Achadh Úr or Freshfield was a 5th century foundation. From about 400 A. D. onwards new lands were conquered and settled on the banks of the Nuenna River by the Uí Duach clan from Muskerry, west Cork. They settled in north Kilkenny and broke new ground giving us Achadh Úr, the Fresh Field later mistranslated as Freshford. Much of north Kilkenny was later known as Ua Duach or Odagh. The name is retained to this day in the Irish for Three Castles - Bán Ua nDuach.
The growth of Freshford corresponds with the spread of Christianity. Around 100 years after its foundation Achadh Úr became the principal foundation of our patron saint Lachtain. He too was a native of Muskerry, born c. 550 AD. After study under Comhghall in Bangor, he was drawn to preach the gospel to his kinsmen in Ossory at the end of the 6th or early in the 7th century.
Today the remains of the outer enclosure of the early Christian settlement around the Nuenna river can be clearly seen from the air. This enclosure is now the northern boundary of the site of St. Lachtain’s National School. The presence here of the plant Alexander, which is associated with medieval sites, means that Freshford may have one of the few “living relics” of an early monastic site.
In time Lachtain returned to his own people. One of the churches associated with him in Cork is Cill na Martra or Church of the Relics and refers to the Shrine of St. Lachtain's Arm which was made for his relics but was confiscated during the Reformation. It was brought back from England in 1884 and can be seen today as part of the Treasures of Ireland exhibition at the National Museum in Dublin. Lachtain died in 622 and his feast day is celebrated on the 19th of March.
Today the greatest claim to fame of this grand site is the Hiberno-Romanesque church doorway on St. Lachtain’s Church of Ireland. It dates from c. 1150. Cormac’s Chapel on the Rock of Cashel and Clonfert Cathedral are other examples of this style of architecture. The porch over the doorway was added when the church was rebuilt in 1730 but the doorway itself puts the site on a par with many of the great ecclesiastical sites around Ireland.
However it is ironic that just as it acquired its iconic doorway and 12th century church, Achadh Ur's days were numbered. The Synod of Rathbrassil in 1111 defined the Irish dioceses as we more or less know them today and Achadh Úr was subsumed into Ossory. Its status changed thereafter and the site declined during the second millennium to what it is today.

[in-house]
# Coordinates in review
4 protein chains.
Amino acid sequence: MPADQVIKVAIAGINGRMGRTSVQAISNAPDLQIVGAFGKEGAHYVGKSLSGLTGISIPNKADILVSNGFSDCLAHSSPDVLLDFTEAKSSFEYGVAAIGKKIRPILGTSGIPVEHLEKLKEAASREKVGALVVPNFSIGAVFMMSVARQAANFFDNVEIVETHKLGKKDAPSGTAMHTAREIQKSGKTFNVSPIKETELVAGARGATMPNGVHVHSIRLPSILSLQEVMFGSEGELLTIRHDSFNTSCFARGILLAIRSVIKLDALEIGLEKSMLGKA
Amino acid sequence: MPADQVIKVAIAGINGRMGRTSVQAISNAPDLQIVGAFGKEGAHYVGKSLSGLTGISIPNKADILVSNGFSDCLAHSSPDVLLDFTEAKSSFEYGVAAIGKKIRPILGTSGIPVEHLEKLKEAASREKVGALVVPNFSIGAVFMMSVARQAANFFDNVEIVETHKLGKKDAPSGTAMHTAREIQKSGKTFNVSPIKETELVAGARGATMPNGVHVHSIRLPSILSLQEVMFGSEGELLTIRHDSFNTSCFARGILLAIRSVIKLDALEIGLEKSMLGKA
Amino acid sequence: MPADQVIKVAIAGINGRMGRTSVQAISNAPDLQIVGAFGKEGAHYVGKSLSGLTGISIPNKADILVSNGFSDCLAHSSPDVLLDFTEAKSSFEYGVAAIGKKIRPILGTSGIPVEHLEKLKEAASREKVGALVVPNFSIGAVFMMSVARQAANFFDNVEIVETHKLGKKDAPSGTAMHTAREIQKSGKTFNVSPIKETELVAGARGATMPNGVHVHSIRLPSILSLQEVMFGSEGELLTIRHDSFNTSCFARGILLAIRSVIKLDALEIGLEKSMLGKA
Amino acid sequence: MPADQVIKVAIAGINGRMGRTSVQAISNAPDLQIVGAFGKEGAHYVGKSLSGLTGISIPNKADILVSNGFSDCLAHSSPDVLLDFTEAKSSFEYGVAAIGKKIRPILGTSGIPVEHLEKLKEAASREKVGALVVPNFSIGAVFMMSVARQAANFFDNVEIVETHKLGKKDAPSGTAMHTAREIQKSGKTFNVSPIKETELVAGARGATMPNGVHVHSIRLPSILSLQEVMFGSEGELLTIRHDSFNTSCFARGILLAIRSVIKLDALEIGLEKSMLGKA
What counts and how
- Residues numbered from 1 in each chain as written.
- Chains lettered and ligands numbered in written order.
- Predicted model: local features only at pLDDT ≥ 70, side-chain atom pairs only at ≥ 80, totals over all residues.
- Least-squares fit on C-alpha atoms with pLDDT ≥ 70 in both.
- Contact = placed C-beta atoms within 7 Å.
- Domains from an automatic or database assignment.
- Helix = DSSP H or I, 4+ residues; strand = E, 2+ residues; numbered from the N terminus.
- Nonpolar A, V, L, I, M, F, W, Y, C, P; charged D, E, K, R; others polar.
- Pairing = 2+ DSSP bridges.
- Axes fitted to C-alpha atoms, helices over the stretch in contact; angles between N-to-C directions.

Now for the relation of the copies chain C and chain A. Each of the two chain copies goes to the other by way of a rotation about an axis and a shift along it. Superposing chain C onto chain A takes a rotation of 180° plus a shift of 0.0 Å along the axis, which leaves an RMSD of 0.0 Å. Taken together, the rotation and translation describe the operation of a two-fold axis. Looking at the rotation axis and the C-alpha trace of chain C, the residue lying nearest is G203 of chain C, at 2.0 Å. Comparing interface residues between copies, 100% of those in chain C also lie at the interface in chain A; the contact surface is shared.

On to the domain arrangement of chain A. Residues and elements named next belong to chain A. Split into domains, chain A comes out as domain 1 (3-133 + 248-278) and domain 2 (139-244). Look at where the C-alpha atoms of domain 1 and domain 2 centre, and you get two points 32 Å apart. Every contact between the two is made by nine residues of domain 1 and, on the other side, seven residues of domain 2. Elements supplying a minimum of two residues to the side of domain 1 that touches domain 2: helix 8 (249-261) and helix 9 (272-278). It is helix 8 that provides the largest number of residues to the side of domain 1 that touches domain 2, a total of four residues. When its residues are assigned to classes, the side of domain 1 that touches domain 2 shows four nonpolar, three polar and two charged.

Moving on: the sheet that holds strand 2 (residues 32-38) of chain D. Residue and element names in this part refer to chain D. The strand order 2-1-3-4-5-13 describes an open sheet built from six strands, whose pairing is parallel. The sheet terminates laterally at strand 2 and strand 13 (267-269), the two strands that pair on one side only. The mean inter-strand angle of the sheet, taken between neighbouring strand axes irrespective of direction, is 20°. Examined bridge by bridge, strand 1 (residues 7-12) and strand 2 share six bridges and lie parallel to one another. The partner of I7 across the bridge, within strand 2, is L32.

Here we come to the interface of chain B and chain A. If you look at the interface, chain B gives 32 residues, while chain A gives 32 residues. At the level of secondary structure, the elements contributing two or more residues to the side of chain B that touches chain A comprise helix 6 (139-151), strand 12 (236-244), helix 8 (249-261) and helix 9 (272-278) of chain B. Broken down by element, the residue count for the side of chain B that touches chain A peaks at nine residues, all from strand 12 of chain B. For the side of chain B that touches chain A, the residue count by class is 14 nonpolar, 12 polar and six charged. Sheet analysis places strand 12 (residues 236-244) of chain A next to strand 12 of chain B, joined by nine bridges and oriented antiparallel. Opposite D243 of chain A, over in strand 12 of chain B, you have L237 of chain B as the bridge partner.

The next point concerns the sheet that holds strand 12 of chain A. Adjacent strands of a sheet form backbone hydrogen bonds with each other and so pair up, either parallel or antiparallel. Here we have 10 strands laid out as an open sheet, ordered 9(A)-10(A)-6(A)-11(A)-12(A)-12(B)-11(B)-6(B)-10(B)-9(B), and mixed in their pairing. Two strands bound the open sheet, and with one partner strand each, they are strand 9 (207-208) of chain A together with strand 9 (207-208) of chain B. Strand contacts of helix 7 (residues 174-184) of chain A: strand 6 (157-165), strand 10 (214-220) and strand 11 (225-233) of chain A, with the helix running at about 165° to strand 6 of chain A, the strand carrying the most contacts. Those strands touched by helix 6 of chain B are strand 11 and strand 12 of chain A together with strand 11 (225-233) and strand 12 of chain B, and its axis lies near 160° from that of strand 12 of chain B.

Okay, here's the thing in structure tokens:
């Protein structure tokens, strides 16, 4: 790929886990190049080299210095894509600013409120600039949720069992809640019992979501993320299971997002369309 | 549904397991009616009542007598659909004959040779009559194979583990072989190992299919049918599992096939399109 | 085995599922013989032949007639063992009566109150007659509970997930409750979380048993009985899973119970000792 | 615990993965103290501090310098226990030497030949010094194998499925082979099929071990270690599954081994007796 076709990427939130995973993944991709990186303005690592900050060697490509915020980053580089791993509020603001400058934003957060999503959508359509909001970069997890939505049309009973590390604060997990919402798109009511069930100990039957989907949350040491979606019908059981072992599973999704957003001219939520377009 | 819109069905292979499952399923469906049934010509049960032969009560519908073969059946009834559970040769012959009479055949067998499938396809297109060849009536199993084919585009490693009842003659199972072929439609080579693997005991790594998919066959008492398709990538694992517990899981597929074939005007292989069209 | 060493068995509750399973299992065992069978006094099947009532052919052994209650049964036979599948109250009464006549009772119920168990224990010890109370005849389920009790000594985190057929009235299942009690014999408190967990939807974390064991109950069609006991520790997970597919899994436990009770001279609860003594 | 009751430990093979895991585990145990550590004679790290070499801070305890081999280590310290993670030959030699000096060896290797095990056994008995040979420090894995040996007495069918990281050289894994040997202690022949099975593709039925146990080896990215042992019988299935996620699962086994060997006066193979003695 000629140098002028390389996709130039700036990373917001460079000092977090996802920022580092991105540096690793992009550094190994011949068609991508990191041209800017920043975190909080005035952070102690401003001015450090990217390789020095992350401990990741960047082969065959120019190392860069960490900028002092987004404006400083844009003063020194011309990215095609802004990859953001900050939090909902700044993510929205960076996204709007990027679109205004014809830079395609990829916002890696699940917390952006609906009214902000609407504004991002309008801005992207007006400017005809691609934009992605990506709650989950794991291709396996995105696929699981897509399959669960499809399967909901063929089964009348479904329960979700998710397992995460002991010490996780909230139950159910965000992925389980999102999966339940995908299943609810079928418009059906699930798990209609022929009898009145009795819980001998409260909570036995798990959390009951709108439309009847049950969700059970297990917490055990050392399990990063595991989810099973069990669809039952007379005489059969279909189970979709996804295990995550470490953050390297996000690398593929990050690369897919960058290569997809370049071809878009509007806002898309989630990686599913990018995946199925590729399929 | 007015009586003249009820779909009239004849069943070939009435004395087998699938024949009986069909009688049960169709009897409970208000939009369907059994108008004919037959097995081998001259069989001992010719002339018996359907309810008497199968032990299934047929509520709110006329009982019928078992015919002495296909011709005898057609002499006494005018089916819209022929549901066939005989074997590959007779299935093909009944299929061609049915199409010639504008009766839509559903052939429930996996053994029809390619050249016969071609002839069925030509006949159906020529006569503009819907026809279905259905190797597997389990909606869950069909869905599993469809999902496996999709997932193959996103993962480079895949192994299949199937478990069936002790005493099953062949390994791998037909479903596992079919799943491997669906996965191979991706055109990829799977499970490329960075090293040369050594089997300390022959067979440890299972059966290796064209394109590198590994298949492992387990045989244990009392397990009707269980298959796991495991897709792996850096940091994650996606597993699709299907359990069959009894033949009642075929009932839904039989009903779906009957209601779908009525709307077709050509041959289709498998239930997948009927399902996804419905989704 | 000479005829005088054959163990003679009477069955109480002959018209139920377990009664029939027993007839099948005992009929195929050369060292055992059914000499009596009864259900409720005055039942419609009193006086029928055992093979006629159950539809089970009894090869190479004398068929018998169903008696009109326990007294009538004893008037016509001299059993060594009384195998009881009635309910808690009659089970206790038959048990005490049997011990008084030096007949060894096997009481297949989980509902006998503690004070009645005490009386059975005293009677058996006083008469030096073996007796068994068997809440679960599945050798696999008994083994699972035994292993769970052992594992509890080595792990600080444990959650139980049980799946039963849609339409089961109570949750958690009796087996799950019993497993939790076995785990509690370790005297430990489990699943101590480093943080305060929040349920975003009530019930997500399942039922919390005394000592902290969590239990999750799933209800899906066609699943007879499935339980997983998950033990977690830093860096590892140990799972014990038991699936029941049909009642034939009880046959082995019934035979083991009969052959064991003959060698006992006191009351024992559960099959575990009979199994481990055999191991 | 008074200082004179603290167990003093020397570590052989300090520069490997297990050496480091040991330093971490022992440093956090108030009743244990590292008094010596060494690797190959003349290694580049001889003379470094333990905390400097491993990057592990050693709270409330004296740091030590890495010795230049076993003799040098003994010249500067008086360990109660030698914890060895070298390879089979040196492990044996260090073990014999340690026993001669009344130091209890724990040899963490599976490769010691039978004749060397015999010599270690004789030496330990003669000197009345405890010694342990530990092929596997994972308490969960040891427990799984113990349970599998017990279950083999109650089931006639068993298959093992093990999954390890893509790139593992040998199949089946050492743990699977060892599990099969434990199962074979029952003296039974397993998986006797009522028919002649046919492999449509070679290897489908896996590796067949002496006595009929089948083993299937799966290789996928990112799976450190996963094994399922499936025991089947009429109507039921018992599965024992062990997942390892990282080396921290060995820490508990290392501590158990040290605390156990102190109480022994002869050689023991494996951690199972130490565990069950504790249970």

As one door closed, another opened. Probably because of its high ecclesiastical status, around 1250 Freshford was chosen by the bishop of Ossory, Hugh Mapleton, for his seat in Upper Ossory, giving it the name Uppercourt. Some later lay owners called it Upperwood.
Some of the bishops of Ossory left a mark on Uppercourt. Bishop Ledrede resided here when he campaigned against Dame Alice Kyteler and her alleged witchcraft in the 14th century. Oliver Cantwell built a castle there in 1500. In 1553 the first Protestant Bishop of Ossory, John Bale, lived at Uppercourt but later fled the parish and the country when his servants were attacked and five of them murdered. Soon after, Uppercourt came into lay ownership.
The lay history of Uppercourt involves confiscation following the Cromwellian invasion; a connection with the “Prince of Swindlers”, John Sadlier, and a court case about inheritance which ended up in the British House of Lords where it was finally decided.
Sir William Morres built the present house about 1795. It was extended later by another landlord, Thomas Eyre, before returning to local ownership when the Maher Brothers bought it in 1918.
Uppercourt returned to ecclesiastical ownership in 1932 when the Mill Hill Fathers opened it as St. Joseph’s College. They remained until 1982. Since then various lay owners have occupied it. It is currently being renovated.
The Millennial Quater Centennial, 1400th anniversary, of the death of St. Lachtain was commemorated in 2022. The special occasion was celebrated with events throughout the parish and community. With religious, educational, cultural and social dimensions.